Ethics matter. This is not only the tag line for the Carnegie Council. It is also the proposition of my work. Many writers take up ethical issues. But few have the vantage point of the Carnegie Council — a place where leaders from around the world come to share ideas, reflect on their experiences, and engage in public conversation.
Posted here are lectures, articles, and reviews reflecting my engagement with the Council’s activities. If there is a pattern, one might say it is opportunistic, seeking to add the ethical dimension to debates ongoing. One might also see a thread of realism. In my view, power and ethics are inseparable and are best considered together. …
When I was in 9th grade, confronting the Iliad for the first time, I had two questions. First, why is it so important that we read the so-called classics? And second what is a classic anyway? It is only now, all these years later, that I can finally answer these questions.
We read the classics because they tell us something essential about human nature. A classic text endures because it touches on an unchanging truth of human experience. A classic is a time machine. It enables us to travel through time and across cultures; and it speaks to us in a language we recognize as essential, enduring and true. The history of the world is the history of violence and war, and the Iliad remains the original benchmark for our understanding of war’s human dimensions.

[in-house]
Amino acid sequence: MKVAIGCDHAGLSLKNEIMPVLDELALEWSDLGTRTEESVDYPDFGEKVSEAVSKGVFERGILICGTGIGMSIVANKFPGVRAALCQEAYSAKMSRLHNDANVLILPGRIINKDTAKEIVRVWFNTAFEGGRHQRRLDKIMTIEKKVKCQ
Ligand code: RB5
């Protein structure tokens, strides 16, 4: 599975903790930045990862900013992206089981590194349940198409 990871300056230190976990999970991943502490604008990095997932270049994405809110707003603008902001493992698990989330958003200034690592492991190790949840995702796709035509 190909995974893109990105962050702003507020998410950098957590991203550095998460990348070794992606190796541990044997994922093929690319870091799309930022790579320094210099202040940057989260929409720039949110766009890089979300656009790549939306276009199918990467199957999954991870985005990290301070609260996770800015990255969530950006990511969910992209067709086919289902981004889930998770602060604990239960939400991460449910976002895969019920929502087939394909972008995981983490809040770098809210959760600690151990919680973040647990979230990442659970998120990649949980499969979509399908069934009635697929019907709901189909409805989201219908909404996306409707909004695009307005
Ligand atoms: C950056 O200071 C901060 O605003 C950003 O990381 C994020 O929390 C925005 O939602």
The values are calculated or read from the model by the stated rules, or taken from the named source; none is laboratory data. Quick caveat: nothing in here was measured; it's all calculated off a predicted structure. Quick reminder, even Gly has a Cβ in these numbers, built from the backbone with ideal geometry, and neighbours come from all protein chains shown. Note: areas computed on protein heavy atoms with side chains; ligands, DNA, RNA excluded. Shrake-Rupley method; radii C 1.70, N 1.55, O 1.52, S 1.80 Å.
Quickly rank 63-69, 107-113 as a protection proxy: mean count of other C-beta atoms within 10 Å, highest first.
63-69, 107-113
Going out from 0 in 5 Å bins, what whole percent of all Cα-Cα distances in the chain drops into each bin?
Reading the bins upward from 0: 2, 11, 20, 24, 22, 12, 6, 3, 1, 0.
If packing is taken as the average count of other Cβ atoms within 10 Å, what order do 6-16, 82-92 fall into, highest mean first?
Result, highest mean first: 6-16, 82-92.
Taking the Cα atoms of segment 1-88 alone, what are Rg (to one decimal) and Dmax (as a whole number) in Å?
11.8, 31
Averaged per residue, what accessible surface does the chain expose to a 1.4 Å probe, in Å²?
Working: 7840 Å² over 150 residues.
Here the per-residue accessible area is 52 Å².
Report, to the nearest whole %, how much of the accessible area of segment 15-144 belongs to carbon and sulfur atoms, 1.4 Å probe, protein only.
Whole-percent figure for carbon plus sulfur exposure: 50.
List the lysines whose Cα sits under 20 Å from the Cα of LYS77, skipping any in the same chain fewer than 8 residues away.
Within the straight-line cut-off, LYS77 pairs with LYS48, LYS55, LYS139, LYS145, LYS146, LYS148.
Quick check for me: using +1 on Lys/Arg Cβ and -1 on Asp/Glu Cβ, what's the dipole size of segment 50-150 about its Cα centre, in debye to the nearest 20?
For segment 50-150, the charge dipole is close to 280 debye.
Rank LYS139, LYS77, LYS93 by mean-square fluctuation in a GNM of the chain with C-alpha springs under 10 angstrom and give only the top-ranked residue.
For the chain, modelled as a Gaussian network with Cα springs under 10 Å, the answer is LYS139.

A hundred years ago Andrew Carnegie thought that world politics was about to change forever. War would be abolished. Just as private war in the form of dueling had passed from the scene, so too would the slaughters of public war become a relic of a bygone age. Carnegie even had a specific plan for how he could help make this happen. He would provide funds to build a home for an International Court of Arbitration at The Hague. He would support a League to Enforce the Peace—later to become the League of Nations. Through these new mechanisms, just as individual disputes became settled according to domestic law, international disputes would be settled by the principles and institutions of international law. Barbarism would be eclipsed by more civilized practices.
Transcript of an interview by Zach Messite, KGOU local public radio, Norman, Oklahoma.
ZACH MESSITE: What does it mean to have global ethics? How do you describe this concept?
JOEL ROSENTHAL: The way to begin the conversation is the fact that we live in a globalized world. We all live within systems that are global. We can feel this in our daily lives. We’re part of a global economy. We’re part of a global climate. We’re part of a global information system. Whether we want to be or not, or whether we admit it or not, we live in a global world.